Monday, September 09, 2019

What does it take to become a successful entrepreneur?

The most successful start-up I ever worked for was founded by a guy who was brought up in a village in the Indian Himalayas.

Jay founded the Cyber Security Software company Zscaler, that I worked in Marketing for. He founded it in 2008 and it is now valued at $19 Billion on the NASDAQ.

His house didn’t even have running water. His family was clearly not wealthy. Read about Zscaler, founded by Jay Chaudhry, here.

Jay Chaudry, the CEO of Zscaler, grew up 'dirt' poor, in a village in the Indian Himalayas.

The second most successful startup I worked for was also founded by Indian immigrants to the USA, too. You can read about Visual IQ here.

Most startup founders I’ve worked for, have genius of varying degrees, and an aspect of their personality that psychologists would define as ‘Hypomania’.

Harvard medical school defines Hypomania as 'a mood state or energy level that is elevated above normal, but not so extreme as to cause impairment'. The incidence of hypomanic personality is much higher than the average in immigrants and entrepreneurs (and those living in the USA).

I had a lot of fun working for another founder in the US, again called Jay, who had been a child prodigy. He completed a triple major degree at Carnegie Mellon in Computer Sciences, Russian and Mathematics at 16 years old.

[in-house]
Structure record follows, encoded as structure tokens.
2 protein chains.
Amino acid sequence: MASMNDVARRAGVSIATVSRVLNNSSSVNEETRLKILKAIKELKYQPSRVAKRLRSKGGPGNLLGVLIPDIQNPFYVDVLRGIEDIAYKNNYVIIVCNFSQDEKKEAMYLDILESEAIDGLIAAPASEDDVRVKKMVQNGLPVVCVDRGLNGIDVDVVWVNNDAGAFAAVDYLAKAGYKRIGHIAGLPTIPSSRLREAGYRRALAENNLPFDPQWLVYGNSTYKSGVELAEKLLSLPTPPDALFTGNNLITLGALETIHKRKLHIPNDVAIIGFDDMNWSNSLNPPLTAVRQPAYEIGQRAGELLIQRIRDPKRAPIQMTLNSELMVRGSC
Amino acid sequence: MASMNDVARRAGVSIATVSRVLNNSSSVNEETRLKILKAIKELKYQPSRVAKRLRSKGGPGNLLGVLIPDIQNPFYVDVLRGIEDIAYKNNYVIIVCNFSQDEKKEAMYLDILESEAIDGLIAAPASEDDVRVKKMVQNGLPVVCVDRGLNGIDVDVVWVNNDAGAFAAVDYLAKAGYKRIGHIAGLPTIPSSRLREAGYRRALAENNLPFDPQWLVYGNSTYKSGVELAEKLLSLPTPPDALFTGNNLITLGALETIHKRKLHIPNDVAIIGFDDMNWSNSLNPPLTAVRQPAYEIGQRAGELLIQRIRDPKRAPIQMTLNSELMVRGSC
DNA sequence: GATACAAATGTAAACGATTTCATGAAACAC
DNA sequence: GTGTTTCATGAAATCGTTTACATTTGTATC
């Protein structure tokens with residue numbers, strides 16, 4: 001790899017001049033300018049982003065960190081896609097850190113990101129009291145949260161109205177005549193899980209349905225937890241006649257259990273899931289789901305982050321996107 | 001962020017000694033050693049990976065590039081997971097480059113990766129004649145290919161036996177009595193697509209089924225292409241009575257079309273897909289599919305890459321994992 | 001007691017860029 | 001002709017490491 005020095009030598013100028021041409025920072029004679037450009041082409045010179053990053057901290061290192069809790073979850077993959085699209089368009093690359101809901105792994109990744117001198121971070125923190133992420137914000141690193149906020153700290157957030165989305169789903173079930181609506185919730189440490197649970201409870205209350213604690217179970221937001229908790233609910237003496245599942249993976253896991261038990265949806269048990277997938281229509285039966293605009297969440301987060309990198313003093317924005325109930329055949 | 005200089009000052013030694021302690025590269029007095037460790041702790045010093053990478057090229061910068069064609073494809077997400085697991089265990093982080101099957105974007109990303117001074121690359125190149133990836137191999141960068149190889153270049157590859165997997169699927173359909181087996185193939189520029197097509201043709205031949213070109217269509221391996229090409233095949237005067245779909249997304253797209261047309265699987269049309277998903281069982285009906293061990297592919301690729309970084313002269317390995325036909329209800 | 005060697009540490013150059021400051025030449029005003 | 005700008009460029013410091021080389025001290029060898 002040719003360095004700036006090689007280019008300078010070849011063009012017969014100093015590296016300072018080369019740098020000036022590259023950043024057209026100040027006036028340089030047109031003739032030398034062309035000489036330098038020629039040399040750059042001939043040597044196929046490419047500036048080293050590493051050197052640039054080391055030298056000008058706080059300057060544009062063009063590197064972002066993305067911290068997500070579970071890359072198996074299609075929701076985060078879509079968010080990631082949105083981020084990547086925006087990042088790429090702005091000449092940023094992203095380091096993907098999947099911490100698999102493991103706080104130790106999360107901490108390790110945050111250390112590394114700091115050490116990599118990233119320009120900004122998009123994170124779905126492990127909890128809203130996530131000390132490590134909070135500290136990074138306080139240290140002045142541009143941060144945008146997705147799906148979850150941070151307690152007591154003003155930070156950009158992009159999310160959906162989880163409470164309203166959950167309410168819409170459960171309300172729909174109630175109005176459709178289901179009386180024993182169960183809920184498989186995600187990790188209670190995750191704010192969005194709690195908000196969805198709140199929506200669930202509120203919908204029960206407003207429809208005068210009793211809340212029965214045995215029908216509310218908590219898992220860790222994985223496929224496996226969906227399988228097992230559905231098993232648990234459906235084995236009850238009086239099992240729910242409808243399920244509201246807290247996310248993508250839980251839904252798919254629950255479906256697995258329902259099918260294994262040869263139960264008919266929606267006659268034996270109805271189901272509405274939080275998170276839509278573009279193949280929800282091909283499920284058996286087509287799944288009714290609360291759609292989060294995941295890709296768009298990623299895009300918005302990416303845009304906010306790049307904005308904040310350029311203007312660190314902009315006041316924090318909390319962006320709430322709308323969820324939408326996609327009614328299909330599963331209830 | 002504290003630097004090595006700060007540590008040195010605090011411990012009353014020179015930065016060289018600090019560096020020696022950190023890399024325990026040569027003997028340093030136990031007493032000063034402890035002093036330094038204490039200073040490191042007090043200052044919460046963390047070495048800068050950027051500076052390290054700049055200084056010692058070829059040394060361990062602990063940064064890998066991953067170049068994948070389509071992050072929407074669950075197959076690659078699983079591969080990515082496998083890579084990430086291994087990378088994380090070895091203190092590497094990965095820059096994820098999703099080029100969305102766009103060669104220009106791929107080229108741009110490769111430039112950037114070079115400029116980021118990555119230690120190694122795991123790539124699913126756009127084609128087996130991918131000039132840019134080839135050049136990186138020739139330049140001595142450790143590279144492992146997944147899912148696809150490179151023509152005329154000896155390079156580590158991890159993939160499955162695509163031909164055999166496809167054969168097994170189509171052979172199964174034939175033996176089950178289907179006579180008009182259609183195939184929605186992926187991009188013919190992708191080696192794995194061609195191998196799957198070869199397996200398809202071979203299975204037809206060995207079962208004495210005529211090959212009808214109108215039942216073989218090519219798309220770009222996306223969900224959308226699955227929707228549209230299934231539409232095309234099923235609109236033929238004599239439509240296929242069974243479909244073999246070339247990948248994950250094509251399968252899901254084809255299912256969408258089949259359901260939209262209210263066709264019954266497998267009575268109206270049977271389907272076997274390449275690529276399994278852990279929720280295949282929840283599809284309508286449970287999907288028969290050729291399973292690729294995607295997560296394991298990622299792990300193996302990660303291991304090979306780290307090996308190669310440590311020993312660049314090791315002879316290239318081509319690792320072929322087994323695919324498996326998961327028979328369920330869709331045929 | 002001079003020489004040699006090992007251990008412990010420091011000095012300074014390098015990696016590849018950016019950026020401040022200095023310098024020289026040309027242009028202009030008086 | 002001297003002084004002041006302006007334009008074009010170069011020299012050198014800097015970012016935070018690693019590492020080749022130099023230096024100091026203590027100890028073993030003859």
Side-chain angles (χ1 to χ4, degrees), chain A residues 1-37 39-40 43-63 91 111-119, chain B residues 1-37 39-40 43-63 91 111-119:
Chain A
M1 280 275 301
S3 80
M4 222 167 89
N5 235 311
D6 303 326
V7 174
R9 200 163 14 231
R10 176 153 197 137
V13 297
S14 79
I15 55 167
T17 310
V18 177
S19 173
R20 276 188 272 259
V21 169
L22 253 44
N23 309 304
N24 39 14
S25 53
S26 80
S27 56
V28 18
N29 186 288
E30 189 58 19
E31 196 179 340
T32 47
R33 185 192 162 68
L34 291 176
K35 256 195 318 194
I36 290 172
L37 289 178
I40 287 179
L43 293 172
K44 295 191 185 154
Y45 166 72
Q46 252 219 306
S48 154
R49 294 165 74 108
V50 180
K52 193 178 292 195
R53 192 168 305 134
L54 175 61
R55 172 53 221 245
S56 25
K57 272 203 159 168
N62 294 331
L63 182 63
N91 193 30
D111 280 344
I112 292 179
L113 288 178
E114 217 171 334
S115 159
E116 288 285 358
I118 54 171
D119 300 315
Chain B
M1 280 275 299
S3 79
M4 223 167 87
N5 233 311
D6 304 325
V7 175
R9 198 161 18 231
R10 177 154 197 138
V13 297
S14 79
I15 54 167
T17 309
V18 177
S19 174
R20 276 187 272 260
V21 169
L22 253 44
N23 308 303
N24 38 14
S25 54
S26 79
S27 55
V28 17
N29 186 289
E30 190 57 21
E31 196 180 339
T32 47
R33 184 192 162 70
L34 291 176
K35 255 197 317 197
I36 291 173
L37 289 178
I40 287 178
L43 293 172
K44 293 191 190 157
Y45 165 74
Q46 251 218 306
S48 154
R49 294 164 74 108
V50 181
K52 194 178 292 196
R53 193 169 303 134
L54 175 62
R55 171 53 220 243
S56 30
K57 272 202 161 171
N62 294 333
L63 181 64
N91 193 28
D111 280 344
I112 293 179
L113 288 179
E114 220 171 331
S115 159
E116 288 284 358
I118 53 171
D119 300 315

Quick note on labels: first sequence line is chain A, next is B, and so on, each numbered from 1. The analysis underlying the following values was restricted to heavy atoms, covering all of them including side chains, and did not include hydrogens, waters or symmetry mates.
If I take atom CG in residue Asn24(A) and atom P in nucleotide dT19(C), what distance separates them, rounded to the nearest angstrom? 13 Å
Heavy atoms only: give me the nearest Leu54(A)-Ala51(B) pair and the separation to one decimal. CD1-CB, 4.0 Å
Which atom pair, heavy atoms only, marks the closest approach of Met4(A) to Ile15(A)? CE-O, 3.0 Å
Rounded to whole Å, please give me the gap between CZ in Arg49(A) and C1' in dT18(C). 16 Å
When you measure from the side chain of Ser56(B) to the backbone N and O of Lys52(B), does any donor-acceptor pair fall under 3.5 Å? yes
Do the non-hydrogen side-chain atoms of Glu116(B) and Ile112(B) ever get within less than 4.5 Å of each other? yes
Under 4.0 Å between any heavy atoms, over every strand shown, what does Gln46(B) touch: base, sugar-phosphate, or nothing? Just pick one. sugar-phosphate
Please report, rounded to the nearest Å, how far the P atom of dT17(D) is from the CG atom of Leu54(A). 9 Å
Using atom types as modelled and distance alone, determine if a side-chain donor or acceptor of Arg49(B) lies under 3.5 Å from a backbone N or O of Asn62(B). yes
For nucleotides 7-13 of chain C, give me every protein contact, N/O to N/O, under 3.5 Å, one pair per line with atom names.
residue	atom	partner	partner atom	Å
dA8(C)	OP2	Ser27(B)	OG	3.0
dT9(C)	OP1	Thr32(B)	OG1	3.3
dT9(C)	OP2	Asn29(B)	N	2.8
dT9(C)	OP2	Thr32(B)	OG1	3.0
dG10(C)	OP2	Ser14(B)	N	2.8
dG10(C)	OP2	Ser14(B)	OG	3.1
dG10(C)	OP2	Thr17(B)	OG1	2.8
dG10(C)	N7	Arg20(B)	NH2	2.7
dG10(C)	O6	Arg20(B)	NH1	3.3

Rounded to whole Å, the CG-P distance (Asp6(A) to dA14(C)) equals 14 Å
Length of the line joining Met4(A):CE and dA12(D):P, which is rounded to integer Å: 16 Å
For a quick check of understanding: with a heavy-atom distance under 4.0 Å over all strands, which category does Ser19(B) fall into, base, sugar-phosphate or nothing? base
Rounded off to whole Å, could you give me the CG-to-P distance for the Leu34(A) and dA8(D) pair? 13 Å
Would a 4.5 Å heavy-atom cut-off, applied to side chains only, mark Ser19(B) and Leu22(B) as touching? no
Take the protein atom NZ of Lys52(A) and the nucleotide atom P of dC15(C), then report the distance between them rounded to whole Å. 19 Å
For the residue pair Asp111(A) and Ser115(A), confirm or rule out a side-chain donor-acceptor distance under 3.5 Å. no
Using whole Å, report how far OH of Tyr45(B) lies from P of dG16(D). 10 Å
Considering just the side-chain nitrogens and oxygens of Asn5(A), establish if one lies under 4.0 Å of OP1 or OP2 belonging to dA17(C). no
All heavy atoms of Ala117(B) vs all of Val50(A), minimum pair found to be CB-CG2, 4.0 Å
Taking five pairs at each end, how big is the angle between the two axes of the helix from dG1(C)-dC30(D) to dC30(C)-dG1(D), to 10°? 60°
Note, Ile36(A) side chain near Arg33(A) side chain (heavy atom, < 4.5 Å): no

He went on to become the USA's youngest MBA at eighteen and youngest management consultant, at Bain & co, again at just 18 years old. 

Jay once told me that Carnegie Mellon had told him that at sixteen years of age, he was too young to pursue an MBA at their University. 

He then managed to get an offer for a scholarship and stipend to take a PhD in Finance at Wharton. He threatened Carnegie Mellon that he would pursue his studies at Wharton if he was not accepted into their MBA program. 

That's how he got Carnegie Mellon's MBA program at such a ridiculously young age. I have no doubt whatsoever that Jay Kemp-Smith demonstrated a hypomanic personality.

I became Jay's Vice President of Sales and Marketing and right-hand man at LMTech. It was fun. And it was torture. I made a lot of money. But it nearly killed me! Jay was 'always-on'.

“Following your dreams is dangerous,” a 31-year-old woman who runs in social entrepreneurship circles in New York, and asked not to be named, told Quartz. “This whole bulk of the population is being seduced into thinking that they can just go out and pursue their dream anytime, but it’s not true.” 

But the truth is that founding a company is typically not a purely rational act. A Founder has to have outsized confidence and vision in themselves to put his or her plan into place. This is not the act of a normal person.

These are the characteristics I've seen in most of the entrepreneurs I've worked for. You might want to call it genetics, personality or something else entirely. 
  1. He (or She) is flooded with ideas.
  2. He is driven, restless, and unable to keep still.
  3. He channels his energy into the achievement of wildly grand ambitions.
  4. He often works on little sleep.
  5. He feels brilliant, unique, chosen, perhaps even destined to change the world.
  6. He becomes easily irritated by minor obstacles.
  7. He is a risk-taker.
Does this sound like an entrepreneur or founder that you know? 

Go to my website.

Please check out a great blog I discovered called Feedspot, founded by Anuj Agarwal. It's my favourite tech/business blog right now. 

I'm excited to say that Feedspot has chosen my blog to be on their list of top 200 tech blogs. I'm honoured and humbled - thank you! Here's their list